It avoids generating much fuss when starting, even when cold, and is quite smooth for a small capacity diesel unit. Although it only offers a little more torque than the petrol model it too has useful acceleration, and is better equipped to cope with hauling heavier loads - although as a tow car it may be stretching the capacity of this unit somewhat.
Refinement and noise levels
The Megane Sport Tourer’s interior suggests that this is a car designed to carry its passengers in comfort and quiet, and a short drive proves that the rest of the package can deliver. The solidity of the build quality certainly helps here, with plenty of sound deadening not only keeping the unwanted intrusions out but also adding to the refined feel of the cabin.
Both the petrol and diesel engine options are also impressively refined. The 1.5-litre diesel avoids the typical clatter that can accompany a cold start, while the petrol is happy to rev without becoming raucous or transferring excessive vibrations through the pedals. Both engines are quiet cruisers too, and even when extended the noise levels increase only by an acceptable amount.
Road noise is generally well-managed, although again this does depend slightly on what size alloy wheels the Sport Tourer is fitted with. The larger the wheel, the more noise is kicked up from the fatter tyres that sit on them. Most of the time there is little in the way of noise transferred from the road, but with bigger bumps there is an audible thump that comes into the cabin. Wind noise is well managed however, with only a faint rush around the door mirrors at motorway speeds.
Euro NCAP tested the Megane in 2015, and although it was the hatchback model that was tested the organisation declared that the results could also be applied to the Sport Tourer model. The Megane was awarded a full five-star rating by Euro NCAP, with strong scores of 88% for adult occupant protection and 79% for child occupant protection. Pedestrian mitigation was also scored at an impressive 71% with an identical score for safety assist.
As standard, all versions of the Megane Sport Tourer are fitted with front head airbags for the driver and passenger, side chest airbags for the front seat occupants and curtain airbags for those in the front and rear. A knee airbag for the driver is not available as standard or as an option. Seat belt pre-tensioners and load limiters are fitted in both front and rear rows, while ISOFIX child seat mounting points are fitted in the two outer rear seats with an airbag deactivation switch in the front passenger seat.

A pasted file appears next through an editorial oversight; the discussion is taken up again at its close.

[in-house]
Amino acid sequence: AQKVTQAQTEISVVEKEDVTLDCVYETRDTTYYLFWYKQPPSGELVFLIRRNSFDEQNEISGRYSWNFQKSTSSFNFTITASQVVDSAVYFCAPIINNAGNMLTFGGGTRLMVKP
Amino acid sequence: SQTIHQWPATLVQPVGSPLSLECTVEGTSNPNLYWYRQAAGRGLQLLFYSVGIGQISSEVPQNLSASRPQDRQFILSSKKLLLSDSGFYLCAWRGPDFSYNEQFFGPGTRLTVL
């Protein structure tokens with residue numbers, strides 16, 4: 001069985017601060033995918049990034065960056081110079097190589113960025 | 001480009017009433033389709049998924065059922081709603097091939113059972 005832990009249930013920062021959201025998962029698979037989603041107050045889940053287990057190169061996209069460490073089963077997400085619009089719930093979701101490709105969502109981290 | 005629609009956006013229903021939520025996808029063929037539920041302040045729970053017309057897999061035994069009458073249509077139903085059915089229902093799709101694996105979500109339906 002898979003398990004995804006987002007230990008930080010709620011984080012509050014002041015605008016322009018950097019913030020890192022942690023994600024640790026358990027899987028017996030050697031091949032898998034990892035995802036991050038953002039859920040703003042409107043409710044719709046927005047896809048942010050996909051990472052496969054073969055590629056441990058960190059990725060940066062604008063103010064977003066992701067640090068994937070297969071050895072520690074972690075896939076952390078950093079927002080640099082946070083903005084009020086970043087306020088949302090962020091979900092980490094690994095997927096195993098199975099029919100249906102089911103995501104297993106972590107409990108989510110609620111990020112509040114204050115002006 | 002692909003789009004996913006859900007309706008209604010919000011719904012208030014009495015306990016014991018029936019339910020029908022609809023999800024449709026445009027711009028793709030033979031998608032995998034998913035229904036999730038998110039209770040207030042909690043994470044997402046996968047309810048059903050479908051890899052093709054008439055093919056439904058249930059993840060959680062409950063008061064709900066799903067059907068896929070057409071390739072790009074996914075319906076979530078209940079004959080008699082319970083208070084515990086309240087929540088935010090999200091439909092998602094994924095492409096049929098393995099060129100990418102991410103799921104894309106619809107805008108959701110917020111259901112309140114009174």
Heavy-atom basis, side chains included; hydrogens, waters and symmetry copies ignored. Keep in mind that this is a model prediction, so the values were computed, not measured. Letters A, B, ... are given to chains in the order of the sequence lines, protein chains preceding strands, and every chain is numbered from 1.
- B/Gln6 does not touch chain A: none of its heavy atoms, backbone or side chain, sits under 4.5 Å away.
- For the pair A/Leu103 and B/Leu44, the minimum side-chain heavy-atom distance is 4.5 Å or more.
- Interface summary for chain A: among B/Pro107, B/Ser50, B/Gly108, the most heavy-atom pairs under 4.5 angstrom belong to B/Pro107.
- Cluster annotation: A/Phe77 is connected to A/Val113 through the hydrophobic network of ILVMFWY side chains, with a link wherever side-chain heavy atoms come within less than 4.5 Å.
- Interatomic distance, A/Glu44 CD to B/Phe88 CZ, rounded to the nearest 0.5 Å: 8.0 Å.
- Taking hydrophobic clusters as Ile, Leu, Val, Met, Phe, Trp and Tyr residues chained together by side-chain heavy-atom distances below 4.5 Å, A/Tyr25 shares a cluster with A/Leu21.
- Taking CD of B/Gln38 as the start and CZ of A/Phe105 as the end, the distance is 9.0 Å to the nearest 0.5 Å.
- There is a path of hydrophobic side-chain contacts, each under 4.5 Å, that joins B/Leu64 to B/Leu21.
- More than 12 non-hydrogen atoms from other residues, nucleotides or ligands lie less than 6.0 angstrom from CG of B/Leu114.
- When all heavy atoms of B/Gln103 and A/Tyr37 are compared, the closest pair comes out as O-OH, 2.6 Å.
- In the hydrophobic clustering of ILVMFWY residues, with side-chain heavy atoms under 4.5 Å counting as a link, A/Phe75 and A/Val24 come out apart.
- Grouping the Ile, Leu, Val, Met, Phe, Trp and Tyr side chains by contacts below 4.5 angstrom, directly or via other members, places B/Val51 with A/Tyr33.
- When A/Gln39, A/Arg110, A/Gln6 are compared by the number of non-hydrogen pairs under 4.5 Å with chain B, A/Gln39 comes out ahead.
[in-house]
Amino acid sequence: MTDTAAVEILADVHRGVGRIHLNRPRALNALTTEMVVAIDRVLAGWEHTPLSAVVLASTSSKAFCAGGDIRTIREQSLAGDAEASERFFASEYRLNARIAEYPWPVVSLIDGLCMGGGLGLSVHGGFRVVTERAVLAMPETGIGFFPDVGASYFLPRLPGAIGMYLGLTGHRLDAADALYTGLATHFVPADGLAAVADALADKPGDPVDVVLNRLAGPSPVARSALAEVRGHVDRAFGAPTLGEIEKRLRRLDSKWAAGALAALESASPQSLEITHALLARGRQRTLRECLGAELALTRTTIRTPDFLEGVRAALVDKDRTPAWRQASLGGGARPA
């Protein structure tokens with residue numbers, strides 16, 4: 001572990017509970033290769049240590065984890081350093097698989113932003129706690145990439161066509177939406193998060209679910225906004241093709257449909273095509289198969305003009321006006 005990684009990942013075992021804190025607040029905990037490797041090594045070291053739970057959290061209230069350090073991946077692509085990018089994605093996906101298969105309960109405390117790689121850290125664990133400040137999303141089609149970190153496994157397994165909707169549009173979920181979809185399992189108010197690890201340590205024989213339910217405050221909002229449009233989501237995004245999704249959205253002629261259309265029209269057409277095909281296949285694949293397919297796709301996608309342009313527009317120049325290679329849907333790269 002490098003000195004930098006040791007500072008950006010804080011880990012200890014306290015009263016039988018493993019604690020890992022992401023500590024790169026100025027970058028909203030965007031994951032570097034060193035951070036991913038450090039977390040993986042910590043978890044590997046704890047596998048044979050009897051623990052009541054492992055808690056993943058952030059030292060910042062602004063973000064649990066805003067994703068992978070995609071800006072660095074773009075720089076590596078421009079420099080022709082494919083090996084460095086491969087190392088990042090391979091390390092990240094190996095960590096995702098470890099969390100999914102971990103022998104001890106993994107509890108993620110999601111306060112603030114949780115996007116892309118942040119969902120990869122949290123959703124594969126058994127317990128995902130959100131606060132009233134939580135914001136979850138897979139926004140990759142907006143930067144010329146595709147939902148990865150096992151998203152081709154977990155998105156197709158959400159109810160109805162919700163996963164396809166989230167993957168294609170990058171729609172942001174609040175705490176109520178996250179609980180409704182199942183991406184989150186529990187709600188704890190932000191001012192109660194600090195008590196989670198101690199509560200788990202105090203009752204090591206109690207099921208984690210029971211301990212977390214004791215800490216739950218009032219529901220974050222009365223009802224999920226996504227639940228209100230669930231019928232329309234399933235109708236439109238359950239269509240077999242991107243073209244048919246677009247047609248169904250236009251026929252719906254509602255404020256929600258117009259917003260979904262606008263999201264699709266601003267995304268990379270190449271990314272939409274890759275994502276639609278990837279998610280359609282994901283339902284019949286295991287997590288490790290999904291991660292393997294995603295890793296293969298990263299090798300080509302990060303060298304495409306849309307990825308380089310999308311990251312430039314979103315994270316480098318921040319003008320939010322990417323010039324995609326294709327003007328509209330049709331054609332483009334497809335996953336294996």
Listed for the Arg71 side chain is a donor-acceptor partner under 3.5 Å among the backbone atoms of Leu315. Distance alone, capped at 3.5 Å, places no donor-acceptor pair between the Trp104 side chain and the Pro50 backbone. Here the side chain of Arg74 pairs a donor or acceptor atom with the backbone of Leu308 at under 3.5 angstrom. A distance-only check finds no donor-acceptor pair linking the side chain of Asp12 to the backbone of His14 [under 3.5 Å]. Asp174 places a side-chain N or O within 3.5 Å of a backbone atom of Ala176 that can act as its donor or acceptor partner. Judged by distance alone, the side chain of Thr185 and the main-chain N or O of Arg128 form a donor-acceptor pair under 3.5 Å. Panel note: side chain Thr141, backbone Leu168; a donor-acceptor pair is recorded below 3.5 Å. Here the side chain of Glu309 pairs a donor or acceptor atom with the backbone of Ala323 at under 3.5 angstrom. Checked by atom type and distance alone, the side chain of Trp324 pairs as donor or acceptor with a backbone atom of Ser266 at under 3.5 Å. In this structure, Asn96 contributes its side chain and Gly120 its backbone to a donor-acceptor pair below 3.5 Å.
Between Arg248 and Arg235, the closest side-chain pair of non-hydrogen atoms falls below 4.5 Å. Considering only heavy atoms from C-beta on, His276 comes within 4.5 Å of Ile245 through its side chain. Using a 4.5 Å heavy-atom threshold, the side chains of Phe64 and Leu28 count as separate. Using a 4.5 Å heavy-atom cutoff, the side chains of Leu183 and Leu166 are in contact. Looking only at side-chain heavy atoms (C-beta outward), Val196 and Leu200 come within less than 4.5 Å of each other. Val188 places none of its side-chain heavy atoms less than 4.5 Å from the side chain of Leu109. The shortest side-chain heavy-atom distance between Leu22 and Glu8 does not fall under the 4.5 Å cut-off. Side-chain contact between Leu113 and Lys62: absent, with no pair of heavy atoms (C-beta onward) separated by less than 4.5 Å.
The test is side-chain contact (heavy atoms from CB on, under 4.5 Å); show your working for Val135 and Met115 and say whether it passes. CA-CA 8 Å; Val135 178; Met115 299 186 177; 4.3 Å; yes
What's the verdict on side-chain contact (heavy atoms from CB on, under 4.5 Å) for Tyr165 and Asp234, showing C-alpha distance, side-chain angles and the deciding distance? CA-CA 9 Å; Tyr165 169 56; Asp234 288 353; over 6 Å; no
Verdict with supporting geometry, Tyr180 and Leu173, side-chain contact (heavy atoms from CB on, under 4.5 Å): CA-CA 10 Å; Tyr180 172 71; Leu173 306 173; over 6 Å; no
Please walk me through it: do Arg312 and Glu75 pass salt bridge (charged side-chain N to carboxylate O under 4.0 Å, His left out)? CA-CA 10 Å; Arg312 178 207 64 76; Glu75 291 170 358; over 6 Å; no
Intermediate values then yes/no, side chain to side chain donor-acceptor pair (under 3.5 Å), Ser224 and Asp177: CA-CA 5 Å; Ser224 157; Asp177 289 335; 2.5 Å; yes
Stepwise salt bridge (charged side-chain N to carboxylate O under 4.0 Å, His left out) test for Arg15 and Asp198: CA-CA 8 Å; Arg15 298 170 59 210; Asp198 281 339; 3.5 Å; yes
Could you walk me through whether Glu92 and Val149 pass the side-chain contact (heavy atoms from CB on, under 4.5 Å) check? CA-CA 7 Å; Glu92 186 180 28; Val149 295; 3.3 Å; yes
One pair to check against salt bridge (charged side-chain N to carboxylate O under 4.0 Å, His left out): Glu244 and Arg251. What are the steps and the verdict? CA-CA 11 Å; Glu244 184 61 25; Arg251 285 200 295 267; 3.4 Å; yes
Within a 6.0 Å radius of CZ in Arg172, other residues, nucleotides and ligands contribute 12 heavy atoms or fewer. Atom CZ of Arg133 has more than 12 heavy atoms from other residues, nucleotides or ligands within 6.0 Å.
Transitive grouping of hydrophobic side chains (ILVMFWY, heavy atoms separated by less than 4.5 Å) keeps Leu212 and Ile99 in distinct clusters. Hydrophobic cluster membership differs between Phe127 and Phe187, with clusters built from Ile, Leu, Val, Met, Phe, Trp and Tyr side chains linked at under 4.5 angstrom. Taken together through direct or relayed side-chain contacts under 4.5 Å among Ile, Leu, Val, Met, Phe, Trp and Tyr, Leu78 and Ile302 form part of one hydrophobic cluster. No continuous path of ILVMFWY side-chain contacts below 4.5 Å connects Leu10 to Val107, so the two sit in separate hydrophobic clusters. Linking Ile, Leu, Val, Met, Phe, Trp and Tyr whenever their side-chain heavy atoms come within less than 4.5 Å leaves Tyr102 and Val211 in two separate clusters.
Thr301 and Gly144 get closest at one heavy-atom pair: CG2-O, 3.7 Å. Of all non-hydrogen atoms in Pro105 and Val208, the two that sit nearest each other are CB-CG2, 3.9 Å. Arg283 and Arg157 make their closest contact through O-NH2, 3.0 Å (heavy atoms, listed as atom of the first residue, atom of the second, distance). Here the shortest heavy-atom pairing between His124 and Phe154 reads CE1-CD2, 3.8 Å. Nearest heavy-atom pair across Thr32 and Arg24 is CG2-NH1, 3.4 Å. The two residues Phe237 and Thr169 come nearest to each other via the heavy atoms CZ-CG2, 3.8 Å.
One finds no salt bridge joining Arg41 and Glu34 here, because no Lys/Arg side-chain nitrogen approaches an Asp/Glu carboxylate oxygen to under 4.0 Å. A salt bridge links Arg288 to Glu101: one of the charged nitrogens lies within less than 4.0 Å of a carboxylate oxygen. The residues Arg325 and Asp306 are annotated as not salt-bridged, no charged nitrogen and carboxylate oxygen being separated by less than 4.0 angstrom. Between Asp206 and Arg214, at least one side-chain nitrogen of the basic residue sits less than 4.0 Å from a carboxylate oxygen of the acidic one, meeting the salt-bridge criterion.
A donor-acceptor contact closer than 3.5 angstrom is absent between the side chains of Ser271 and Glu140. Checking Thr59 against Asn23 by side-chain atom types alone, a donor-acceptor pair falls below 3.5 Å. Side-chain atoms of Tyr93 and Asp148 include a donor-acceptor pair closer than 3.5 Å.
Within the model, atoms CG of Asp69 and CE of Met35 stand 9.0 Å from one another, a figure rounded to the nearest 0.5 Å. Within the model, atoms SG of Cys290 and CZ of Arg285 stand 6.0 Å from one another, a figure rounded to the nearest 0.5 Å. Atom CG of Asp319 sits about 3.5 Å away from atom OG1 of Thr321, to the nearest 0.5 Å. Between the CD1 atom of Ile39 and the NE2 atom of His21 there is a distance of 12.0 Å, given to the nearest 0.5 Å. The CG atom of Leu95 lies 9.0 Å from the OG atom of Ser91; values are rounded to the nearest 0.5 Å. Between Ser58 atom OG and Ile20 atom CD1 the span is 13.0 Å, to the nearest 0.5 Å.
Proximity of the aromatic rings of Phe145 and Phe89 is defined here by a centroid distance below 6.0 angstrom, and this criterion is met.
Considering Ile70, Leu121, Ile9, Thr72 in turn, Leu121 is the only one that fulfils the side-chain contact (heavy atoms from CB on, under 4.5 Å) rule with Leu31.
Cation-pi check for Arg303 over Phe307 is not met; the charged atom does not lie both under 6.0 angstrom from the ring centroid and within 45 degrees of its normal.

On the safety assist side, all versions of the Megane Sport Tourer are fitted with Electronic Stability Control as standard, while the amount of safety equipment increases depending on the trim level. Iconic models add the Visio System pack, which includes lane departure warning, traffic sign recognition and automatic high beam for the headlights, while an optional pack include features like automatic emergency braking, safe distance warning, blind spot warning and adaptive cruise control.
With just the three trims and two engine options the whole Megane Sport Tourer range fits into a relatively small number of insurance groups.
Somewhat unusually the diesel option falls into a lower group. In basic Play trim the 1.5-litre diesel is in group 16, while the petrol is in group 18 whether you choose an automatic or manual gearbox. Iconic trim is in the same groups, where as for GT Line trim the diesel remains in group 16 but the petrol moves up to group 19. That means insurance premiums for the Sport Tourer should be on the low side, although this is partly because there are no versions with particularly high performance.
VED car tax
Because the Megane Sport Tourer in its current form was introduced in 2016, some of the earliest models were registered before the major change in VED rules that occurred in April 2017. For new models, all engine options and specifications attract the same VED rate of £150 per year. However, for vehicles registered before April 2017, 110 and 130 dCi models qualify for zero rate VED (except for Dynamique S Nav trim), while TCe 130 models attract either the £20 or £30 annual rate depending on the specification.
Trim levels and standard equipment
Play versions have a seven-inch touchscreen with Apple CarPlay and Android Auto capability and USB and AUX ports, 16-inch ‘Dakota’ alloy wheels, automatic dual-zone climate control, Hands Free keycard, height and lumbar adjustable driver and passenger seats, Bluetooth, auto-adaptive airbags for driver and front passenger, cruise control, Electronic Stability Programme, front fog lights, heated rear screen, Hill Start Assist, LED daytime running lights, central rear armrest with cupholder, front centre armrest with storage, 60:40 split folding rear seats.
Iconic has 17-inch ‘Florida’ diamond-cut alloy wheels, Multi-Sense system providing driving mode selector and ambient lighting choices, R-LINK2 multimedia system with seven-inch touchscreen with TomTom LIVE sat-nav and Western European mapping, automatic headlights, automatic wipers, electronic parking brake, rear parking sensors, lane departure warning, traffic sign recognition, automatic high/low beam, electrically adjustable, heated and folding door mirrors, seven-inch Thin Film Transistor screen in place of a traditional speedometer and Arkamys 3D sound with 4x35W speakers.
GT Line versions have dark chrome door mirrors, more muscular front and rear bumpers with silver rear diffuser, sport seats, exclusive GT Line cloth upholstery, chrome door sills, sport seats with integrated head rest, extra tinted rear and tailgate windows and 8.7-inch portrait touchscreen with R-LINK2 Navigation.
On the inside
Cost to run
Prices and Specs